We are back in the new school year, and here in a new town, so I find myself answering some familiar questions about home schooling from people I meet.
I am glad they ask, it means they are open and curious. Sometimes people seem disapproving, and there are certainly some assumptions made by people about home schooling. But most people seem genuinely curious.
The main questions I hear when we move to a new place and make new friends are: "Why do you home school?" "What about socialization?" and something along the lines of, "How do you do it? Do you start in the morning and go all day like in regular school?"
I thought I'd do a blog on these 3 questions at a later date. But first in this blog I'd like to link to two interesting perspectives on homeschooling from the left-of-center home school crowd, in links below.
For my more traditional friends, also want to add I am not advocating taking your children to bars late at night or "un-schooling."
But I digress...
There are some interesting points and perspectives in these links, especially about socialization (most famously and capably handled by Susan Wise Bauer in the homeschooling classic, The Well-Trained Mind, intended for non-sectarian home schoolers as well as Christian ones) and also specialization.
Home schoolers are a group of diverse people. After all, people rarely fit rigidly into one mold. There is a spectrum of people involved on home schooling -- politically, financially, and culturally -- and they overlap in areas. Going to a home schooling convention or meeting or support group can mean sitting next to people you would otherwise never cross paths with, and enjoying it. It is good.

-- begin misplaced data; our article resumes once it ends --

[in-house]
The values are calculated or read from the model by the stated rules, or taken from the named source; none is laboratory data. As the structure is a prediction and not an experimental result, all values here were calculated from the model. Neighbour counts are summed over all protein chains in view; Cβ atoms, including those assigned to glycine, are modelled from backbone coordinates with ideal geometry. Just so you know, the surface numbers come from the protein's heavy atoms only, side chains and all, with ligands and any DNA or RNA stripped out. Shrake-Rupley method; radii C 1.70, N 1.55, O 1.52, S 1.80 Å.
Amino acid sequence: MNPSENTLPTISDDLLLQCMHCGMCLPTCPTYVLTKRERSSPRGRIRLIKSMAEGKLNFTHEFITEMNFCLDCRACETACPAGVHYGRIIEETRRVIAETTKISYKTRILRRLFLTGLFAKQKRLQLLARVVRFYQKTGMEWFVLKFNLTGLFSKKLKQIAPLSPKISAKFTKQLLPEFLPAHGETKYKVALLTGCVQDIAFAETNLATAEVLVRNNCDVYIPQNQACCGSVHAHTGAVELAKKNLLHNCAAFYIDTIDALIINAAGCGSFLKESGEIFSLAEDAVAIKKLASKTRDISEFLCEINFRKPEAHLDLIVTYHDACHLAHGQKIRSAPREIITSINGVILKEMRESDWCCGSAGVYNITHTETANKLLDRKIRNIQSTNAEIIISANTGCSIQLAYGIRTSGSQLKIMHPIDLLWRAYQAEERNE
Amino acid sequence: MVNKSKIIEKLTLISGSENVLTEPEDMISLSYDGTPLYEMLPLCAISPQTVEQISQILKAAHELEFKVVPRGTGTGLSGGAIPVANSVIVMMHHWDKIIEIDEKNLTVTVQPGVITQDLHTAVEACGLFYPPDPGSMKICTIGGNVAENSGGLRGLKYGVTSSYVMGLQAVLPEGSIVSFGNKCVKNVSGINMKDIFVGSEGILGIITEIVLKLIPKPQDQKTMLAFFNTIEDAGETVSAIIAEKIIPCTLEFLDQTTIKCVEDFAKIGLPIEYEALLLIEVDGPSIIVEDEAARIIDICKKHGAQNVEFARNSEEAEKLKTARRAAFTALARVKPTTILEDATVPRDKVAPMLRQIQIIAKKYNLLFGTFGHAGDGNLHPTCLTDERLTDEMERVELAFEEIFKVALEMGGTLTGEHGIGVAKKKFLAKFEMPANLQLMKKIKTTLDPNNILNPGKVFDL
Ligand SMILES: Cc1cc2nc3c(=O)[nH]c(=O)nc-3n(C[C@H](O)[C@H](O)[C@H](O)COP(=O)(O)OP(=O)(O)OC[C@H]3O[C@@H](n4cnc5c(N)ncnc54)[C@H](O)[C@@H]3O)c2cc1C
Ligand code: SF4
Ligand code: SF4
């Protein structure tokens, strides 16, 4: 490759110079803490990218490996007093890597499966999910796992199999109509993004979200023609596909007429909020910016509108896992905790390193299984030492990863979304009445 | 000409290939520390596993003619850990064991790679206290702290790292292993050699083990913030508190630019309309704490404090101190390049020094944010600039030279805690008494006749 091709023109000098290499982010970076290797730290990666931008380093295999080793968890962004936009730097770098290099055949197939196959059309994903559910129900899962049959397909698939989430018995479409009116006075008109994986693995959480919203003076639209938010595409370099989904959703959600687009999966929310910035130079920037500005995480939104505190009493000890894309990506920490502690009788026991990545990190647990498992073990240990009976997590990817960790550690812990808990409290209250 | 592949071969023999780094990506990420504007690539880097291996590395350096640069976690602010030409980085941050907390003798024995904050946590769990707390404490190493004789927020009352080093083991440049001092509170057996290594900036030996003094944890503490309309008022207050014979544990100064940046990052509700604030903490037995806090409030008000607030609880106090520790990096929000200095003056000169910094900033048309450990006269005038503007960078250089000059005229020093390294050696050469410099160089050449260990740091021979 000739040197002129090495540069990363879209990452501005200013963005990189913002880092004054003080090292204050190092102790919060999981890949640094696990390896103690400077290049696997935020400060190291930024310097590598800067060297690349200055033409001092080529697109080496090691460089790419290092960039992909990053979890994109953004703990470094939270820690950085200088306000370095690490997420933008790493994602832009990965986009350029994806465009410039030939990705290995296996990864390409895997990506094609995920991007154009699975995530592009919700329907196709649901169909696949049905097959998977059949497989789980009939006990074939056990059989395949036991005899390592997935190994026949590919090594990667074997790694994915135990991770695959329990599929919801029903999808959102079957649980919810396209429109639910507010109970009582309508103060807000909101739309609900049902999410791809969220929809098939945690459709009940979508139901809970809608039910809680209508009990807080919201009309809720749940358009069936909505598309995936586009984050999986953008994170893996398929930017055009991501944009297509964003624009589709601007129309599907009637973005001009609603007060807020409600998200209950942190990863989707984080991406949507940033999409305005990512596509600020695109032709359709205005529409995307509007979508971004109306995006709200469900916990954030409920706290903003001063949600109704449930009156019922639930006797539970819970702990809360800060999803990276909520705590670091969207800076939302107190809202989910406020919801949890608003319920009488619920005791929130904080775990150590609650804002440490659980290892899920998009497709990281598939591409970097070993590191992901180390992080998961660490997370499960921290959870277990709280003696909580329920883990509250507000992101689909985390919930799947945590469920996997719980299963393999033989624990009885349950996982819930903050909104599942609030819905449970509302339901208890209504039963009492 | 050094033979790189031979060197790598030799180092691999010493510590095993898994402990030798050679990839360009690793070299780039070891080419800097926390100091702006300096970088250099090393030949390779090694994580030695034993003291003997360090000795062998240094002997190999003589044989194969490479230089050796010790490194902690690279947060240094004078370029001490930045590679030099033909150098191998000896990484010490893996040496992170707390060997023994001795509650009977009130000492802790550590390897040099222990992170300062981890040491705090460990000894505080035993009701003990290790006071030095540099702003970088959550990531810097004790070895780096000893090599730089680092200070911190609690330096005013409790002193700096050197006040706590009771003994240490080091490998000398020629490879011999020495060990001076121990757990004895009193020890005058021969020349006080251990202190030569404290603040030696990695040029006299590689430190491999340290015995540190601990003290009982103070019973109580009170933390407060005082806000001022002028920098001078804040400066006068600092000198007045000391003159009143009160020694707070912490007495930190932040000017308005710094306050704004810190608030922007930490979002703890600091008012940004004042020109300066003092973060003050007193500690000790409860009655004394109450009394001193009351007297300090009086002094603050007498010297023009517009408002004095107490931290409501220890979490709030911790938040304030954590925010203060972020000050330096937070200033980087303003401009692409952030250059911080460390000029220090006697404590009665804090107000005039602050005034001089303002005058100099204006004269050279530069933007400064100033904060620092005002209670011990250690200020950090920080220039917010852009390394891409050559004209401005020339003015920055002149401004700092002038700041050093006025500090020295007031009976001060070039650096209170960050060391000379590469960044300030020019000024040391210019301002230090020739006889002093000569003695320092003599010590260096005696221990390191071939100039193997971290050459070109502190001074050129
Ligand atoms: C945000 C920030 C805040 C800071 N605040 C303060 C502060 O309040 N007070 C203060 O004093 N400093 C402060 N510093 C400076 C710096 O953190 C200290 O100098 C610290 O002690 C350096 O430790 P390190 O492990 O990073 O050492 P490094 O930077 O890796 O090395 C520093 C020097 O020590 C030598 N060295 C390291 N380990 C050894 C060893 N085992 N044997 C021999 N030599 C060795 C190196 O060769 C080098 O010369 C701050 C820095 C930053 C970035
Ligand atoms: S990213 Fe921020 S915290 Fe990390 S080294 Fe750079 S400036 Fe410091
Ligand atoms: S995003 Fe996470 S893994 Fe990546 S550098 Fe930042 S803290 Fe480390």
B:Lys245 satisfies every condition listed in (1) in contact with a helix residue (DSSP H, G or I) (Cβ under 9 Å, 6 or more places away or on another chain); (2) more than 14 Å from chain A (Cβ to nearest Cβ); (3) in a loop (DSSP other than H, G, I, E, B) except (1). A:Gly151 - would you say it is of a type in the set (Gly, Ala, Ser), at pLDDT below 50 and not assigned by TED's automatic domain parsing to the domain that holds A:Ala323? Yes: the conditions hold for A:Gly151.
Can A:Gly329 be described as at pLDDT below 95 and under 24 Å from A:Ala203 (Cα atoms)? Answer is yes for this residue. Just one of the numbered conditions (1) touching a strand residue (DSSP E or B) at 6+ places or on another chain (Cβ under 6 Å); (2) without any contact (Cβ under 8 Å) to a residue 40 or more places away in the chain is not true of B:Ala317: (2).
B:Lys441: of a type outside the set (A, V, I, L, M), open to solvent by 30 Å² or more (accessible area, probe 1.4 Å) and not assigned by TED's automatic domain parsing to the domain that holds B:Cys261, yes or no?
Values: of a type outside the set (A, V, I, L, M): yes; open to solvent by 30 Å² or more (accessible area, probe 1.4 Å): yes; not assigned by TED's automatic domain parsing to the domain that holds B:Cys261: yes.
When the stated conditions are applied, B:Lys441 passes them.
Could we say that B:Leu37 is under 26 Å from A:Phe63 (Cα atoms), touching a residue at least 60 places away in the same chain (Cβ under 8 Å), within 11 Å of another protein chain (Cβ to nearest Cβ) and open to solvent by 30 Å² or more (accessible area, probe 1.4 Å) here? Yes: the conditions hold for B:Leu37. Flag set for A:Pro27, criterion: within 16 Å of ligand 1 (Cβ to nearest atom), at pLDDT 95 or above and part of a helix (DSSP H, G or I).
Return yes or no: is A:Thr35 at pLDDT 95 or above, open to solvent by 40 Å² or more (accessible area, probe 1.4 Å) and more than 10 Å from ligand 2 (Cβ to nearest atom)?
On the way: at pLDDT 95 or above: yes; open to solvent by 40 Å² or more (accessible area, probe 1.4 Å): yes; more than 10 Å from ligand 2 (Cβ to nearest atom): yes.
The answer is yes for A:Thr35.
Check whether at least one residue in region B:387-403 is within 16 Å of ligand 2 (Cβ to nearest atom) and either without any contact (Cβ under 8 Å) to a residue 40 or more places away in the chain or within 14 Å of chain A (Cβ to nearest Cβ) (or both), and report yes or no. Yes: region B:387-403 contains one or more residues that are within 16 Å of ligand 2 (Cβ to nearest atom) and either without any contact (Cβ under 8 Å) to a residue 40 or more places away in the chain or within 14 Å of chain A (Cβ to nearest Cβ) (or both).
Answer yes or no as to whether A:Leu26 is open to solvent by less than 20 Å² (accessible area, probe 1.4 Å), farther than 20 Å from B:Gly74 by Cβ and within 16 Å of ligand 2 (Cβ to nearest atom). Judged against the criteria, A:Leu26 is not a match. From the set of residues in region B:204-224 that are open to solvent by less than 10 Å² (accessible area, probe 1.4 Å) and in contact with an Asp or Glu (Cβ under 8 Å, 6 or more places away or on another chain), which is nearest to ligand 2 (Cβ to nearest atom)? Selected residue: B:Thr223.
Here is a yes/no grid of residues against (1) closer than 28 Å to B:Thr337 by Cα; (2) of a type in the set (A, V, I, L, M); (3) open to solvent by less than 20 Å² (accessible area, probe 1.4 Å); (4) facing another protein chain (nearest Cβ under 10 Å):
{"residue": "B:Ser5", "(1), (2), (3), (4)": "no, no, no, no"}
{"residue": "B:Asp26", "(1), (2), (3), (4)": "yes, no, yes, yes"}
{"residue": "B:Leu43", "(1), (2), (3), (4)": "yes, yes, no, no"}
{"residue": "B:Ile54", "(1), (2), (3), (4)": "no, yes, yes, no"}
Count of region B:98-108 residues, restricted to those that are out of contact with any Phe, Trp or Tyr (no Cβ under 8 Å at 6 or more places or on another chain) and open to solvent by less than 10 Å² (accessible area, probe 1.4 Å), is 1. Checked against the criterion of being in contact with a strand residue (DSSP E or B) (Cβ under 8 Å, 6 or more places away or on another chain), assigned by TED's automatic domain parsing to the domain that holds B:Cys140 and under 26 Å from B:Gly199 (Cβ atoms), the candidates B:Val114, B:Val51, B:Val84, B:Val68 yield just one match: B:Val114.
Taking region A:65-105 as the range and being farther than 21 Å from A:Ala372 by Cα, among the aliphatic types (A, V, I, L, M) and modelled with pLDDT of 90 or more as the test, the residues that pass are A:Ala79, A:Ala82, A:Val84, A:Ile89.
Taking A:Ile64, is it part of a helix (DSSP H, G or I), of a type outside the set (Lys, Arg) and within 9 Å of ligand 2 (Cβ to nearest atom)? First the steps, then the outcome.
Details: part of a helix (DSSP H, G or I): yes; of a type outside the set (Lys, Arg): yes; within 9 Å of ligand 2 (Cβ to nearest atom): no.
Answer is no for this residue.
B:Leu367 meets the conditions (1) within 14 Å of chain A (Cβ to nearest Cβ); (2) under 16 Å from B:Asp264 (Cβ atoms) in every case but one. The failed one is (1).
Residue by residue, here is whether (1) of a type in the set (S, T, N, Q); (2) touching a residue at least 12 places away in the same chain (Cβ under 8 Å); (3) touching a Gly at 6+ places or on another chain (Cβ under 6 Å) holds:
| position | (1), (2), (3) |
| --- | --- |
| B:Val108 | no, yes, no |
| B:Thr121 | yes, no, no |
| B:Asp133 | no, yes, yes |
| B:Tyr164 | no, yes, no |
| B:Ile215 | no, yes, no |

I know of a home schooling mom whose children wear school uniforms and sit in a row in little desks. I have met moms whose children wear their pajamas until noon and do their school sprawled across the floor.
Most of us fall somewhere in between. Both of these approaches would make me a little crazy, though when we moved here before our furniture did, we had no choice but to do our workbooks on the carpet. (And you know, the good news is that the kids were able to do it. An unintended consequence of home schooling can be flexibility -- mentally and physically -- cue wry smile.)
I saw this diversity among home schoolers more in China than in anywhere else, where, due to the exorbitant cost of private schooling and the Mandarin and communist nature of public schooling, many expat. women home schooled who otherwise wouldn't.
Confessions of a Homeschooler